What will happen to the melting point temperature of ice if some common salt is added to it? How to justfy the answer?

  • 6
    $\begingroup$ What is your initial impression? Please show some effort on your part to answer the question. Hint, see your textbook under "molality". $\endgroup$
    – jonsca
    Commented Jun 20, 2013 at 9:37

1 Answer 1


From http://antoine.frostburg.edu/chem/senese/101/solutions/faq/why-salt-melts-ice.shtml:

Consider that ice, a crystalline solid, forms via weak partial-polar forces between water molecules, known as hydrogen bonding. As liquid water cools, it loses the energy that keeps these forces from attracting and capturing neighboring water molecules, and so these bonds form in a crystalline structure. Exactly what that structure is depends on the temperature and pressure at which the ice forms; your everyday freezer ice as well as most of the stuff outside in January is Ice Ih, which is a very spacious hexagonal arrangement that makes ice less dense than liquid water.

Also consider that even within what looks like solid ice, individual molecules "melt" and "freeze" all the time as they transiently gain enough energy to break free of the lattice, and then lose it and are recaptured. When the rate at which molecules melt and freeze are equal, the ice is stable. This happens at 0.01*C; below this temperature, more water will freeze, while above this temperature, more water will melt. Right at 0.01*C, water remains water and ice remains ice (the other half of this coexistence, besides temperature, is that water like most substances requires more energy gain or loss to change its phase, known as the Latent Heat of Vaporization, and for water that's 334J/mL, 80 times what's needed to cool liquid water from 2*C to 1*C).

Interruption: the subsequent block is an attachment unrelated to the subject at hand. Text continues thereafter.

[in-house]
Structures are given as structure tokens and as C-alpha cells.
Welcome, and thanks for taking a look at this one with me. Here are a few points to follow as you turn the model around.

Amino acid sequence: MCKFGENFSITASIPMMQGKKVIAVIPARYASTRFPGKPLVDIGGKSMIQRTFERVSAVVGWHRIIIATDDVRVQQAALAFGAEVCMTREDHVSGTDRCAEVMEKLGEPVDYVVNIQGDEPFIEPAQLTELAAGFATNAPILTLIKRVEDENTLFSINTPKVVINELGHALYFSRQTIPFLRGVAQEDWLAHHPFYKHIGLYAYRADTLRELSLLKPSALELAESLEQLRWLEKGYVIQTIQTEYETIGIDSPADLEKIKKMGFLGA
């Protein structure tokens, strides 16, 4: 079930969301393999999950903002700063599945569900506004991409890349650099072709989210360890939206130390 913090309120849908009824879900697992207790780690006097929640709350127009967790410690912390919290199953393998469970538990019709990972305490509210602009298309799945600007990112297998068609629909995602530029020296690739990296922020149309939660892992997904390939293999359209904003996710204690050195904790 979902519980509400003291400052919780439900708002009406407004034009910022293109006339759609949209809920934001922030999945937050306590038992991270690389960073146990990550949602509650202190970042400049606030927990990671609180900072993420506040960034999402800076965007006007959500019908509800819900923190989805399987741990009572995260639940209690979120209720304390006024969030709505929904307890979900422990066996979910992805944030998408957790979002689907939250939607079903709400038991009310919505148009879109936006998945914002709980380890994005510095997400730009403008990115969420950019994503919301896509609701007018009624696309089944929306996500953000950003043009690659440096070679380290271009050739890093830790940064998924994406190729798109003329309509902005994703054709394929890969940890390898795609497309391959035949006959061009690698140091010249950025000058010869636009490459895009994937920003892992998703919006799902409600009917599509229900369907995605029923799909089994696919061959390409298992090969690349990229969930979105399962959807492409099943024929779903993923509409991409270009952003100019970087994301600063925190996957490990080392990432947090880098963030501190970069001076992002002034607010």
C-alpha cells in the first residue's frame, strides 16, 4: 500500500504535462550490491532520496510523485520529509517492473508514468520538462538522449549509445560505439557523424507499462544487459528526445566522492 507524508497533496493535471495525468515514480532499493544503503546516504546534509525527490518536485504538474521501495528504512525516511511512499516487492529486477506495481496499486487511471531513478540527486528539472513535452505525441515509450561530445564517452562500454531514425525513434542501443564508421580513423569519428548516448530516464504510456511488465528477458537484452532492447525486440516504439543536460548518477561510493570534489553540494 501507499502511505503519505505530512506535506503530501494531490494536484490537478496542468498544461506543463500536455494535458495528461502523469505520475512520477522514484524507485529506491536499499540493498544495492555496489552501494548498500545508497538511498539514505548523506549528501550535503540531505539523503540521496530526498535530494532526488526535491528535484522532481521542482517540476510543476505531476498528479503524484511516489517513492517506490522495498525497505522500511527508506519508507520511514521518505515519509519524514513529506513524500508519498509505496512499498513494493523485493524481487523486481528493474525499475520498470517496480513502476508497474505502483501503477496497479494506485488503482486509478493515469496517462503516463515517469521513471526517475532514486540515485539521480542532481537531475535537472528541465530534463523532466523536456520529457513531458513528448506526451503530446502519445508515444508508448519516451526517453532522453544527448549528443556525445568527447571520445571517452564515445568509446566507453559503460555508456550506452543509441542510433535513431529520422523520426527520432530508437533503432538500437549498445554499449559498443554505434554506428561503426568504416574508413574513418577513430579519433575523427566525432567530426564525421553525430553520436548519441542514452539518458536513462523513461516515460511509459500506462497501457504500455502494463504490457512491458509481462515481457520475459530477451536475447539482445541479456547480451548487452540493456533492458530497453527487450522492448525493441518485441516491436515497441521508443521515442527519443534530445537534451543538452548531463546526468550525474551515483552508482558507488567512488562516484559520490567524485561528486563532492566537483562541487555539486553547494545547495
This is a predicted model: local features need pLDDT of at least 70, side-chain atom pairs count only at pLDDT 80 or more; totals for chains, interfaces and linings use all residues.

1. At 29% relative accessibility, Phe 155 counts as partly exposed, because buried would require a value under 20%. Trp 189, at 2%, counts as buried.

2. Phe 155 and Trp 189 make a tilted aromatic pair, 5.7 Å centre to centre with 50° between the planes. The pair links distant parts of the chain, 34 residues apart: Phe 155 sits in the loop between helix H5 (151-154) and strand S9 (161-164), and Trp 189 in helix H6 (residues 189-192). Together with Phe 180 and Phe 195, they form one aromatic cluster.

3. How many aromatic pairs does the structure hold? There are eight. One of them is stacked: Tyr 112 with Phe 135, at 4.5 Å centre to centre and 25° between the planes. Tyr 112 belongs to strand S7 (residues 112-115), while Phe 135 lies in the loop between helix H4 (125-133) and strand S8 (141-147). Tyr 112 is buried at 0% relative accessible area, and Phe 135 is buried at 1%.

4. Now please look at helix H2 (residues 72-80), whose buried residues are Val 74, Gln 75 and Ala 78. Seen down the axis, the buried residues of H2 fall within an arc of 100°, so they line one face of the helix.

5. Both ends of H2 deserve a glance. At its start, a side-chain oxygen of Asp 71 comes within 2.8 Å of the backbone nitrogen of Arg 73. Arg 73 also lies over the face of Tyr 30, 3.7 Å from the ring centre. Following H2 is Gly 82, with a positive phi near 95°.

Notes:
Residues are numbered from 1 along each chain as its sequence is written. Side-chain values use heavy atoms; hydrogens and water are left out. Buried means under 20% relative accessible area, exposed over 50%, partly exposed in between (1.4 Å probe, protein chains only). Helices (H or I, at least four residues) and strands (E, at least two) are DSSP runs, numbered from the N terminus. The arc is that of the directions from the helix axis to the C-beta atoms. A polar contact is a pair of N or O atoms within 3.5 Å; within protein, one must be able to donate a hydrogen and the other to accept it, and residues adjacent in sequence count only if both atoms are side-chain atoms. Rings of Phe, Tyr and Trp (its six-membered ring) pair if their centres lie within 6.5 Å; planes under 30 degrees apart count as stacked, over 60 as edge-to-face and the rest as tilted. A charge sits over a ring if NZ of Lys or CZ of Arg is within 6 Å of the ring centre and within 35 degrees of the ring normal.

Introduce salt, and these dissolved ions interfere with this hydrogen bonding within the ice, preventing it from happening at the normal freezing point of water. Now the melting molecules don't refreeze, because their partial polar charges are more strongly attracted to the full charges of the sodium and chloride ions than to other water molecules. That upsets the balance; more water is melting than freezing at the normal freezing temperature, and so the ice melts. It takes more energy loss within this system before the water is too unenergetic to stay liquid and settles into crystal, releasing the salt, which then finds other liquid water at the boundary layer between liquid and ice.

This creates a vicious cycle; as the salt concentrates within the remaining liquid water, its freezing point is lowered even further as the sodium and chlorine, which won't resolidify as salt crystals until there's just too little water to remain dissolved, will become even more attracted to the remaining water, even further lowering the remaining liquid's freezing point as the water must free itself from even more ions before it can be captured by the ice crystal.

So, an aqueous salt solution, in nearly any concentration, will lower the boiling point of the solution below 0*C, but the minimum freezing point is at -21.1*C, which is the freezing point of a fully-saturated salt solution. Below this temperature, salt that loses its water to freezing can't stay dissolved, and precipitates out as a separate crystal solid suspended within the ice.


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